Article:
The Farley Post Office building in New York City has these words inscribed on it: “Neither snow nor rain nor heat nor gloom of night stays these couriers from the swift completion of their appointed rounds.” That motto was actually used in ancient times to describe the Persian couriers in 500BC. The Persians had a vast postal system that stretched from the Mediterranean Sea to India—a distance of over 1600 miles. They built relay stations every 14 miles for the swift transfer of men and horses. The couriers who carried the messages were so speedy that they could travel the distance in a week.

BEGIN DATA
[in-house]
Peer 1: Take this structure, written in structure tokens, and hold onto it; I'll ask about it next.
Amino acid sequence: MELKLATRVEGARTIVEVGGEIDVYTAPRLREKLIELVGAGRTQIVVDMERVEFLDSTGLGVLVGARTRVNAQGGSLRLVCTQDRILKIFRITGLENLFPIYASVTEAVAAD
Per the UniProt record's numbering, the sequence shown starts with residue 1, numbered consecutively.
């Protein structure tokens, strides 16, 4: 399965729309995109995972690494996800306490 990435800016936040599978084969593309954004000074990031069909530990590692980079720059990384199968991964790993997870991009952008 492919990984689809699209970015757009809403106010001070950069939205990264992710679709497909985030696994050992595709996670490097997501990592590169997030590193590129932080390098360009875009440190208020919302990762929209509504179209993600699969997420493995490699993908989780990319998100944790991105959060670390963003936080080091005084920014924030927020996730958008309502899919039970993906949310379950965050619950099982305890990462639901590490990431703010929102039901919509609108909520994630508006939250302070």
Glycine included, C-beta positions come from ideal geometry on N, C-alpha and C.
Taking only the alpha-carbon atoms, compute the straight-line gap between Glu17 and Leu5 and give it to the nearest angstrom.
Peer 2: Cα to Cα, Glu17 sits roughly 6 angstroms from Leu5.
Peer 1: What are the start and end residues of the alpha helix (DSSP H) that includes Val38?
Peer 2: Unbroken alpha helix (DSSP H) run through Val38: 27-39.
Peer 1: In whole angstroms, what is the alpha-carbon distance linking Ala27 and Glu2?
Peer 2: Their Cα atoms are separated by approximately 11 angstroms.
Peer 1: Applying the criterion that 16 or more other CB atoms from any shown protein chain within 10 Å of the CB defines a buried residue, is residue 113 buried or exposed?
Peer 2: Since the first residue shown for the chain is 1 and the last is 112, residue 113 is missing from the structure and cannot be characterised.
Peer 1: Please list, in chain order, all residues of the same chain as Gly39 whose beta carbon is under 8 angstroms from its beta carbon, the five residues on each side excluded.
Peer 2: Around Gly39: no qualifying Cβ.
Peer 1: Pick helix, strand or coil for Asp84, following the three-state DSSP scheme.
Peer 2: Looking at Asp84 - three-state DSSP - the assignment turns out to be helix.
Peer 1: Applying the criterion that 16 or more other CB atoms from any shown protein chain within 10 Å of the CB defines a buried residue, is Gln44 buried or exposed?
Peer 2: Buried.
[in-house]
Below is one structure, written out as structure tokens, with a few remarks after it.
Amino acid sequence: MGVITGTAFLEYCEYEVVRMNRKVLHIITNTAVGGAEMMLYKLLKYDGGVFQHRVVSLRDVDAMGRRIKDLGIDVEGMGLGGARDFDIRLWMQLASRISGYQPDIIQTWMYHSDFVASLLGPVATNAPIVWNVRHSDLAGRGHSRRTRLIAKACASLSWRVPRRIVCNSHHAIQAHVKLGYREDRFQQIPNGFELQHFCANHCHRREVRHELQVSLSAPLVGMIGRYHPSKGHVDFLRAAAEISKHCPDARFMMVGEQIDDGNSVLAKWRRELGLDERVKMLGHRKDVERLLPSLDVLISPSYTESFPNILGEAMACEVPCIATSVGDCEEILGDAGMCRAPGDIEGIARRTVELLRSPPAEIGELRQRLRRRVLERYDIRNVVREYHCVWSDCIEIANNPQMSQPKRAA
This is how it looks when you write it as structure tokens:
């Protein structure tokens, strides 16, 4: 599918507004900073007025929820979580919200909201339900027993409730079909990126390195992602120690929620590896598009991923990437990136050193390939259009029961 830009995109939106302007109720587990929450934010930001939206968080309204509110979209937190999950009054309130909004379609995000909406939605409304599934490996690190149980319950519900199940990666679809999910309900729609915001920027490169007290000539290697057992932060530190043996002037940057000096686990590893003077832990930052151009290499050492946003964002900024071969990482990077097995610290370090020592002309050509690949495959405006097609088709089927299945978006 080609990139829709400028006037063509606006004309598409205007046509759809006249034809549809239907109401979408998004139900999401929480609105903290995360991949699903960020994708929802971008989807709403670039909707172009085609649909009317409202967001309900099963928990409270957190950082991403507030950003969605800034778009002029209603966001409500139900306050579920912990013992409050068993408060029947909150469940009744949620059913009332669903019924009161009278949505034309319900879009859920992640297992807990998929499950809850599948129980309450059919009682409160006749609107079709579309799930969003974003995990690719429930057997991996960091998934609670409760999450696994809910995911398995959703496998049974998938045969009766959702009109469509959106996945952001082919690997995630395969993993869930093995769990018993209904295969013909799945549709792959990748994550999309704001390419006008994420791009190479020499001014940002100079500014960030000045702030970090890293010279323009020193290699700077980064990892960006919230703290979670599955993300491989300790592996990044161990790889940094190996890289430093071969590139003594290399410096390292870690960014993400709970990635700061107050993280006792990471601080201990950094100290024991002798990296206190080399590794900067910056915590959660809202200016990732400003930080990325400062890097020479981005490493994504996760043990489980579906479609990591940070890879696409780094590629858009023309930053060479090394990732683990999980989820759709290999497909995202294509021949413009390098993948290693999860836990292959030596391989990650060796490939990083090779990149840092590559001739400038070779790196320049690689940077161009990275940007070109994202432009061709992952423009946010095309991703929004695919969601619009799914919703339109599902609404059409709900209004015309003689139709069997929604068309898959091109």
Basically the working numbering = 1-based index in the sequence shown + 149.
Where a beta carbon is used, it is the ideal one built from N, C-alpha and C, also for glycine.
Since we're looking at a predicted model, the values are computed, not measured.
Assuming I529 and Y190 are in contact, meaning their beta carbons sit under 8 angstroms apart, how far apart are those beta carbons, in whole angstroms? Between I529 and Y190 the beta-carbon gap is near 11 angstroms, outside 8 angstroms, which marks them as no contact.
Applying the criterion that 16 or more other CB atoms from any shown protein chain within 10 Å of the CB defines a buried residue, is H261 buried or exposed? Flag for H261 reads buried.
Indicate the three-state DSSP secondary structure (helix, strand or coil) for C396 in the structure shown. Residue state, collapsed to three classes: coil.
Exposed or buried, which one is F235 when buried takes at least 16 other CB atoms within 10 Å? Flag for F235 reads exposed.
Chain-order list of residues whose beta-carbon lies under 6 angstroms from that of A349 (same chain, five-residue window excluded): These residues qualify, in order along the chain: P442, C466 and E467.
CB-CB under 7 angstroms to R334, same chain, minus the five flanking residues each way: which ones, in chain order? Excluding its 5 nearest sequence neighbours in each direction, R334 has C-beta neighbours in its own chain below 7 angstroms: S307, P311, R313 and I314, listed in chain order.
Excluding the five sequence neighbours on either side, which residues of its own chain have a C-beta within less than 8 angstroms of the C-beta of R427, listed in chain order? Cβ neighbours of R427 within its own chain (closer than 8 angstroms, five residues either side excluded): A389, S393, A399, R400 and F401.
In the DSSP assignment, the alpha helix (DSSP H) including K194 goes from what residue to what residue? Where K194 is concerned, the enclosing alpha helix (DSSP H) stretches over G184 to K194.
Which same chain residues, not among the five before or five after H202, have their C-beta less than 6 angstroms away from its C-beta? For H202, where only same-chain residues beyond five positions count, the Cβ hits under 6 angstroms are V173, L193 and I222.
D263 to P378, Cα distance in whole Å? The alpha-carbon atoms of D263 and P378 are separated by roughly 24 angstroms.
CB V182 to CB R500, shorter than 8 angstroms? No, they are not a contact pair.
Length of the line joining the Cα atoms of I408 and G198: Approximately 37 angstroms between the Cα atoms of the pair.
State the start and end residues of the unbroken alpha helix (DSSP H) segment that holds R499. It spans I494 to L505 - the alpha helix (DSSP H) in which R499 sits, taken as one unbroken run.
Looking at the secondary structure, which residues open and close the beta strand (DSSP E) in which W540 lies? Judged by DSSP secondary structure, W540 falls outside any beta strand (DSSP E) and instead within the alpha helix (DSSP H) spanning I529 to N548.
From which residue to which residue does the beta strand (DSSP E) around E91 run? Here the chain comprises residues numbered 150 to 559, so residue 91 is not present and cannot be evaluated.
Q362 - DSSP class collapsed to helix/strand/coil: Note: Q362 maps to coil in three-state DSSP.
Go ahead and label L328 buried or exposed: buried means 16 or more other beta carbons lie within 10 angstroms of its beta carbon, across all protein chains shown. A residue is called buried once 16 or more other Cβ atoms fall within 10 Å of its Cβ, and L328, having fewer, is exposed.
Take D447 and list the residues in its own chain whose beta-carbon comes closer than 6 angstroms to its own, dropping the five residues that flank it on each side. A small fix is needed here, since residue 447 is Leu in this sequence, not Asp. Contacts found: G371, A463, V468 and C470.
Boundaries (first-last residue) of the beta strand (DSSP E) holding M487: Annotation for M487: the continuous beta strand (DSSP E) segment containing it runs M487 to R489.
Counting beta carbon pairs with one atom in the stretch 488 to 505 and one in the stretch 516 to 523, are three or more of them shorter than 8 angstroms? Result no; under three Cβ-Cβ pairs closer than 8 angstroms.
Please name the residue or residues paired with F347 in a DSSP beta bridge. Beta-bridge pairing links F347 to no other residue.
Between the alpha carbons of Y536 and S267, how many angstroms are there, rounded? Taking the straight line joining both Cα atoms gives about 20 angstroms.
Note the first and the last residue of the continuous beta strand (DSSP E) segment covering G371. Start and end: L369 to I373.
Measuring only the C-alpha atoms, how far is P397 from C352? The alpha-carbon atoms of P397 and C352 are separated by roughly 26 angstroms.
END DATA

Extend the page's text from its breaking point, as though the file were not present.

Now, our modern day couriers—the letter carriers of the Postal Service—are still making their appointed rounds despite snow, rain, heat, or other elements. They are determined to see that you get your mail. They want you to be able to say, “I’ve got mail.”
But the Postal Service is not the only one who is concerned about getting a message to you. God sought to get a message to you as well.